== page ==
Hitters Hit

More hitting today. Nothing technical, not talking mechanics here. Just a plea: Please coaches, let your hitters hit.

The showdown between the pitcher and batter is one of the great one-on-one match-ups in sports. Getting a key hit in a game, getting your first single, your first extra base hit, or just plain crushing a pitch are all up there with the top feel good moments in sports. So let’s not short-change our hitters and deny them part of the joy of the game.

Don’t short-change your hitters in practice. Get swings in! Have fun! Be judicious with live batting practices and scrimmages because time is scarce. With all of the overhead your hitters might not get as many good pitches as you had hoped.

Instead consider games like pepper, hit-the-coach, indian, bubble-ball, and over-the-line. For 10u and under a simple whiffle ball game at the end of practice can be extremely fun. Run efficient multi-station practices at the batting cage when your girls are old enough.

Don’t short-change your hitters in games. Have a continuous batting order that picks up where you left off the game before. Encourage hitters to be aggressive. Don’t always give certain batters in your lineup take and bunt signs. If you do this and/or always bat them near the end of the lineup, they won’t get the chance to improve.

While plate-discipline is obviously important, I personally don’t believe in giving take signs during at least the first half of the rec season for 10u and below.

Don’t short-change your hitters by forcing overly simple and/or un-athletic hitting mechanics on them. Educate yourself at to what high level hitters do. In this day and age you can easily look at many high level softball and baseball hitters online. I will at some point post how easy it is to download video and step through it frame-by-frame. For example, if you are currently promoting a simple 1-2 stand-still-and-push-your-arms swing, you might want to watch my first video a few times through. And then… come out to my hitting drills day for coaches!

Don’t short-change your hitters by forcing hitting styles on them that aren’t mechanically advantageous or disadvantageous. This happens all the time. Coaches force their entire team to stop moving their hands, to get rid of their strides, or start with their back elbow down. Many great hitters over the decades have employed many different styles. Learn what is style and what is good or bad mechanics.

Fact or Fiction: The Pitcher Supplies the Power

You will hear this phrase said at some point: “The pitcher supplies the power.” It may even be during a major league broadcast. Is this claim really true? Or does the batter have to supply the power?

Robert Adair answers this question quite thoroughly in his book, “The Physics of Baseball“. It’s a good read if you can stomach some math and physics. The technical answer goes into how much distance will be added to a struck ball if a pitch is thrown say 1mph faster. There are conditions such as wind and humidity that of course will affect this one way or another on a given day, but those aren’t of great interest. There are properties of the ball, which do not change. The COR (coefficient of restitution) specifies how much energy of the pitched ball will be successfully retained after colliding with the bat, affecting the rebound velocity.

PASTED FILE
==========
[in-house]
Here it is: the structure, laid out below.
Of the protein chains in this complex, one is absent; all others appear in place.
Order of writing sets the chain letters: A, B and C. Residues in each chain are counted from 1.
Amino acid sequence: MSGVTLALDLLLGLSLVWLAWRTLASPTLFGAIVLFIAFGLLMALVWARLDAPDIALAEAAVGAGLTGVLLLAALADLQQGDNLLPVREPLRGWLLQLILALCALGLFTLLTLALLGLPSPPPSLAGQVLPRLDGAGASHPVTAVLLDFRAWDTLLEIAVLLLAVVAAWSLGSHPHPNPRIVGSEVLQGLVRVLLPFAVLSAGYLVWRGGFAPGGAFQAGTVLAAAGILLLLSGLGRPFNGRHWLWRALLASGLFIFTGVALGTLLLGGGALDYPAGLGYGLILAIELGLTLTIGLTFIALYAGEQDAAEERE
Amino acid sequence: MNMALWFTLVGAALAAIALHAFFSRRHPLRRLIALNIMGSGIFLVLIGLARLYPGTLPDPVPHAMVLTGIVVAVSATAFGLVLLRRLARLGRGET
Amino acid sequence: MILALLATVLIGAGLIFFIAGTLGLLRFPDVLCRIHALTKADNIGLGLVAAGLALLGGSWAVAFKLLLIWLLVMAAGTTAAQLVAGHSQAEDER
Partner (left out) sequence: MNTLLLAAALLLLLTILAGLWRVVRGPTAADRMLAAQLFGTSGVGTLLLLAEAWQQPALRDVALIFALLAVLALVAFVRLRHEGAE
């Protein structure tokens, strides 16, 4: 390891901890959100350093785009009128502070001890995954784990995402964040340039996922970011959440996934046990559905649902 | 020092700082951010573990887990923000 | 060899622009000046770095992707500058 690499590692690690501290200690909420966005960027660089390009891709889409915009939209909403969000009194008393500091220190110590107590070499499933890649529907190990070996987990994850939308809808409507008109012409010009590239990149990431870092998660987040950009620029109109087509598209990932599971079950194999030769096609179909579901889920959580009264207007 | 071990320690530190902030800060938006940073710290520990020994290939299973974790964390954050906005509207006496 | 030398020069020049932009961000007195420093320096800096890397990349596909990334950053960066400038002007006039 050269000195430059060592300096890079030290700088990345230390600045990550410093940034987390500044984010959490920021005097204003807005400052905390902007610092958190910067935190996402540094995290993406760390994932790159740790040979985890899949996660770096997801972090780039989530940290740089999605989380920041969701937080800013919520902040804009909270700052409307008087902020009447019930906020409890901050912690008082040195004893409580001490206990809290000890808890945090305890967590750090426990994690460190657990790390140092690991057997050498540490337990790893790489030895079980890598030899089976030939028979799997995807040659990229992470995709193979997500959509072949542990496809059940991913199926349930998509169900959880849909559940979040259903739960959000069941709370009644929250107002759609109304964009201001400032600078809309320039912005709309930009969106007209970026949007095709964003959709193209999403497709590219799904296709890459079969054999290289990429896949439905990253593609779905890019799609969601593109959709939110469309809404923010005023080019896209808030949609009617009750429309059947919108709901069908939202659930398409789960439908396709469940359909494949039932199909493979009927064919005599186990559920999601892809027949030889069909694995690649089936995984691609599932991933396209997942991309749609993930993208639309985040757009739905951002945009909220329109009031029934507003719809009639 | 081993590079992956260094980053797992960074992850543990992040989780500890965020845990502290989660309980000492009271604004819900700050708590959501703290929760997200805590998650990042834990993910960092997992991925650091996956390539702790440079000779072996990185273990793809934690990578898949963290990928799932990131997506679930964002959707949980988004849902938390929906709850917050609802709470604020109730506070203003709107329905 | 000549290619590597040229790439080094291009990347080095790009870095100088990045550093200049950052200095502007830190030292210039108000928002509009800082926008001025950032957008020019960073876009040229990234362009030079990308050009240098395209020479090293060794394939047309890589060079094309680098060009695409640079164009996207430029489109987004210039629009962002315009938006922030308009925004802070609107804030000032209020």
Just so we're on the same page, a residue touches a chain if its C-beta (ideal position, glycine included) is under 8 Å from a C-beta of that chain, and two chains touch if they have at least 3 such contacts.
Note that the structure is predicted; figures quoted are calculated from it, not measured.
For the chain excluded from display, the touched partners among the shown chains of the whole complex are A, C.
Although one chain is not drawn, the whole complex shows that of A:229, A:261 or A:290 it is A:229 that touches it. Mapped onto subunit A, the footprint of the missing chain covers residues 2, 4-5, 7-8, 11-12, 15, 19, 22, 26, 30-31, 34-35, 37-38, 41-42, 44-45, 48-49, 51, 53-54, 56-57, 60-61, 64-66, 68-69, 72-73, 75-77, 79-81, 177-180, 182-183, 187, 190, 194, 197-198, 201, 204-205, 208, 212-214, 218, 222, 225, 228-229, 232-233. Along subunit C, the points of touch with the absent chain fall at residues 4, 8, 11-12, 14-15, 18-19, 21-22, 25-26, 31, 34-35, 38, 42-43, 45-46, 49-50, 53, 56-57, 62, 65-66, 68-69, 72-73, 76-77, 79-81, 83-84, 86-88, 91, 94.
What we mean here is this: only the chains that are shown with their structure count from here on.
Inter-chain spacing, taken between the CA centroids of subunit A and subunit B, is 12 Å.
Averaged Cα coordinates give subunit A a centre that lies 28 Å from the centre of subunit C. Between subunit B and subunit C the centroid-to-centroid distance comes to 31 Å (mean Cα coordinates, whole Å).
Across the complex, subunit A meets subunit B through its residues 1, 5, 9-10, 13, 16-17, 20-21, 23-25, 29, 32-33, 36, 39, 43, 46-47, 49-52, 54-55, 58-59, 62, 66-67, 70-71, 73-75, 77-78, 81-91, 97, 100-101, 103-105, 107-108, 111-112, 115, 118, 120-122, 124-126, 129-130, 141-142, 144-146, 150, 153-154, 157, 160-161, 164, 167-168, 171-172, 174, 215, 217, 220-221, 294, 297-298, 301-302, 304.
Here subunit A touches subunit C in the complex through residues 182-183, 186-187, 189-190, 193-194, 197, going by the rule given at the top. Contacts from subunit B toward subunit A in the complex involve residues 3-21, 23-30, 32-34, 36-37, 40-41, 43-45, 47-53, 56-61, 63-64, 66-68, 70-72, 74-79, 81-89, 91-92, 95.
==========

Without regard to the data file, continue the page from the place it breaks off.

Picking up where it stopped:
But when looking at the critical aspects of a struck ball, the pitch velocity, the bat velocity and mass, and the point of contact, it turns out that adding velocity to the pitch does not translate drastically into exit velocity, or power, for the batter.

So the answer is that of course the pitcher supplies some of the power, but the batter supplies the great majority. Therefore to be a successful hitter at higher levels, hitters will have to provide athletic swings that generate bat speed.

Still not convinced? The book also provides a beautiful simple way to think about this question. We basically already know the answer if we think about it for a minute. We are not surprised at all when we see a coach hit long fly balls to outfielders without an extreme amount of effort. There is no “power” being supplied to the coach. The ball has no velocity opposite the direction the coach is hitting.

On the other hand, we also intuitively know that if a batter bunts a ball it isn’t going to go very far. This is the case where the bat has little to no velocity, and therefore the only power is supplied by the pitch. We can make a pretty good guess that if a pitcher is throwing 50mph, for example, increasing the pitch to 100mph still really won’t result in the bunted ball traveling very far.

Movement in Hitting

“I coach youth teams in the spring, summer and fall. I travel to high school, college and pro games. I gather video as much as possible. I have probably 2 terabytes of hitting video.

It is painfully obvious that hitters across all levels aren’t learning what elite hitters doing.

There seems to be a fear of movement. A fear of letting hitters be athletic. A fear of inconsistency. In my opinion, this needs to change.”

— Bobby Tewksbary

I could not agree more. I long felt that too many coaches were quieting hitters down, and even removing basic elements of the swing such as the stride (it is possible to have a good no-stride swing but that’s a different topic). I’ve seen too many hitters who look more like statues at the plate than this player, Georgia’s Alex Hugo:


[click on image to see swing]

I also could not agree more with Tewksbary when he says young hitters should be encouraged to try many types of movements. When doing batting drills, why not try taking a huge swing like Babe Ruth, or swing like Ty Cobb? Exaggerating movements in practice can help hitters incorporate new movements into their game swings. Even if an exaggerated movement isn’t used in games swings it can help hitters feel something that the coach is trying to teach.